A final farewell

Wake Up Darlin' Corey (County Records)
Art Stamper

By Bob Mitchell

The man with a big smile, a gifted bowing arm, the ever-present jaunty hat and a heart full of music died January 23. Art Stamper, known for his Appalachian fiddle style, worked and recorded with the Stanley Brothers, Bill Monroe, Larry Sparks and Jim & Jesse. A member of the Bluegrass Hall of Fame, Art received the International Bluegrass Music Association's Distinguished Achievement Award last year.

Cancer took him before we were ready to let him go, but he left a parting gift. Wake Up Darlin' Corey is a lively recording of old-time songs played the way they are meant to be played. Harry Bickel, Stamper's friend for 40 years, visited Art in the hospital during a round of chemotherapy. When Art suggested this project, Doc Hamilton flew in from Texas to help his friend of thirty years. The love these men have for one another and for old-time music is evident on every cut.

After the instrumental tracks were laid down, Tim O'Brien added five vocal tracks. The original keys were not always comfortable for O'Brien, but he stretched his range and made them work. In a strange way, it makes the release sound more authentic, as though he had stopped by and found a few buddies pickin' on the back porch. The result is a perfect blending of sparse instrumentation and an occasional vocal.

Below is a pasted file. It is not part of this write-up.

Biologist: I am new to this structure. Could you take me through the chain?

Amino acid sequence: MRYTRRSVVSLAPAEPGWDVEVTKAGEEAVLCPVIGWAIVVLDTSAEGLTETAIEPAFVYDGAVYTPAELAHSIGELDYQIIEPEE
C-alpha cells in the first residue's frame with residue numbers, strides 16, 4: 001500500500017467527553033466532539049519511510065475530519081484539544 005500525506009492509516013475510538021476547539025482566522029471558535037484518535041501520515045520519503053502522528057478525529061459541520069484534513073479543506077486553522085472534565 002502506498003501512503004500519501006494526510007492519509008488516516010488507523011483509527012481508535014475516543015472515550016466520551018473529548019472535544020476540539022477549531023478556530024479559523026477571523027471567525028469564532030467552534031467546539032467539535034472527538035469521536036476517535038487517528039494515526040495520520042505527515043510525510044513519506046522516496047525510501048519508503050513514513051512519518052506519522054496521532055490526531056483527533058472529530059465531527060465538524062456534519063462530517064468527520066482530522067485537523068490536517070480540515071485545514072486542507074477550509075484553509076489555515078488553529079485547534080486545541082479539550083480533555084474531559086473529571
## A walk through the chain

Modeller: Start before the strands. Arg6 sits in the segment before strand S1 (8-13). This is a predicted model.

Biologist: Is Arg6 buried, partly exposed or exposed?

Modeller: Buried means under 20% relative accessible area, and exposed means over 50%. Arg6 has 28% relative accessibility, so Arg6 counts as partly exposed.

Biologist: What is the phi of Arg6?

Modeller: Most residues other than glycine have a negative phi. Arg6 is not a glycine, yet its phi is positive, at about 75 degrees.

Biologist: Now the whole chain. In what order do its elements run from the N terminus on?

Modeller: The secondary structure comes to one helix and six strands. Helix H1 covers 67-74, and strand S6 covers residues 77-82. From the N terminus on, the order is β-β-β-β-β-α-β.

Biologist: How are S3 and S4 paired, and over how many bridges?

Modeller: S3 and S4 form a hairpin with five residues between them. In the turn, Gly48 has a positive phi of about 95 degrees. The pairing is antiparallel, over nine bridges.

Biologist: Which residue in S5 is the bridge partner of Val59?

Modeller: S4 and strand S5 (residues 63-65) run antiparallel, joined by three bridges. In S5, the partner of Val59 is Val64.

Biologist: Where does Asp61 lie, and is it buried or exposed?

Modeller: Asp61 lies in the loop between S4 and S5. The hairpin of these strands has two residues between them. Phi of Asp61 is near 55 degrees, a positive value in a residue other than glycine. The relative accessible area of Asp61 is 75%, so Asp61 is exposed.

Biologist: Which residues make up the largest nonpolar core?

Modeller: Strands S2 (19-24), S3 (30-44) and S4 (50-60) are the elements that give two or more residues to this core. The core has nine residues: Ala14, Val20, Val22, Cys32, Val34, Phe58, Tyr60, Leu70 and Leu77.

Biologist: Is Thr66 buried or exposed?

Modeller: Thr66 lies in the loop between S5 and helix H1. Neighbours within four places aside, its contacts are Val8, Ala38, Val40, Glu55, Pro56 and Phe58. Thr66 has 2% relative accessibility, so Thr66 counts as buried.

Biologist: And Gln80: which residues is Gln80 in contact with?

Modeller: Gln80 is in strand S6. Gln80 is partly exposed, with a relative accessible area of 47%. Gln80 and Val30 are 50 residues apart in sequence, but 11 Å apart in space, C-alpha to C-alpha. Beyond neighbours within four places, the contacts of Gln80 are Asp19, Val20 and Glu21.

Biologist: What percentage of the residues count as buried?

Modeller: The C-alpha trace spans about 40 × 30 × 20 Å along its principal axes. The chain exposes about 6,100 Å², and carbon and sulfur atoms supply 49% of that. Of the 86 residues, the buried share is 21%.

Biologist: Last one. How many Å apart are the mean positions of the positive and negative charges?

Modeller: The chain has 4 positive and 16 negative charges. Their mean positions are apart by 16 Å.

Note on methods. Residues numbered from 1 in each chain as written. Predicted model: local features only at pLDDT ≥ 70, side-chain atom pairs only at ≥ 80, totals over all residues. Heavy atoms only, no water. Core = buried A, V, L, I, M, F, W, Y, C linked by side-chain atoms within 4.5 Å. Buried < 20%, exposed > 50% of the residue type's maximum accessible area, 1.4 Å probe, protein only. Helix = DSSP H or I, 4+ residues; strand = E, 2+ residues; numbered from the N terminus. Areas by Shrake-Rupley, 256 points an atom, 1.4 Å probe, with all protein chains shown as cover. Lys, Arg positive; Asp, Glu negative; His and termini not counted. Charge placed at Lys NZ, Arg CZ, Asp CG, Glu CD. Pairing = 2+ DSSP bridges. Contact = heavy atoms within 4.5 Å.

Doc Hamilton's guitar is steady, subtle support and Harry Bickel's banjo is the perfect underpinning for the classically homespun Stamper style. I especially enjoyed Hamilton's work on "Blackjack Grove" and "Possum Up a Simmon Tree," and Bickel's contribution on "Hickory Jack" and "Sweet Dixie." O'Brien is at his best on the title cut and a melancholy "Lorena."

I asked former Louisville Music News editor Jean Metcalfe for her opinion and she said, "To me, every song is a jewel, but I'll have to admit that my favorite is `Lorena.' Kudos to all the extremely talented musicians and a special nod to Harry Bickel, who continues to be one of bluegrass music's best friends. This fourteen-song compilation deserves five stars."

The liner notes say Vince Gill happened to be in the studio as Stamper showcased his unique artistry for the last time. Gill sat on the floor, closed his eyes and enjoyed the session. Although you and I were not as fortunate as Vince, we can achieve considerable listening pleasure from Stamper's farewell recording. Well miss you, Art. Rest in peace. Thanks for sharing your music with us.

For more information, check out www.artstamper.com.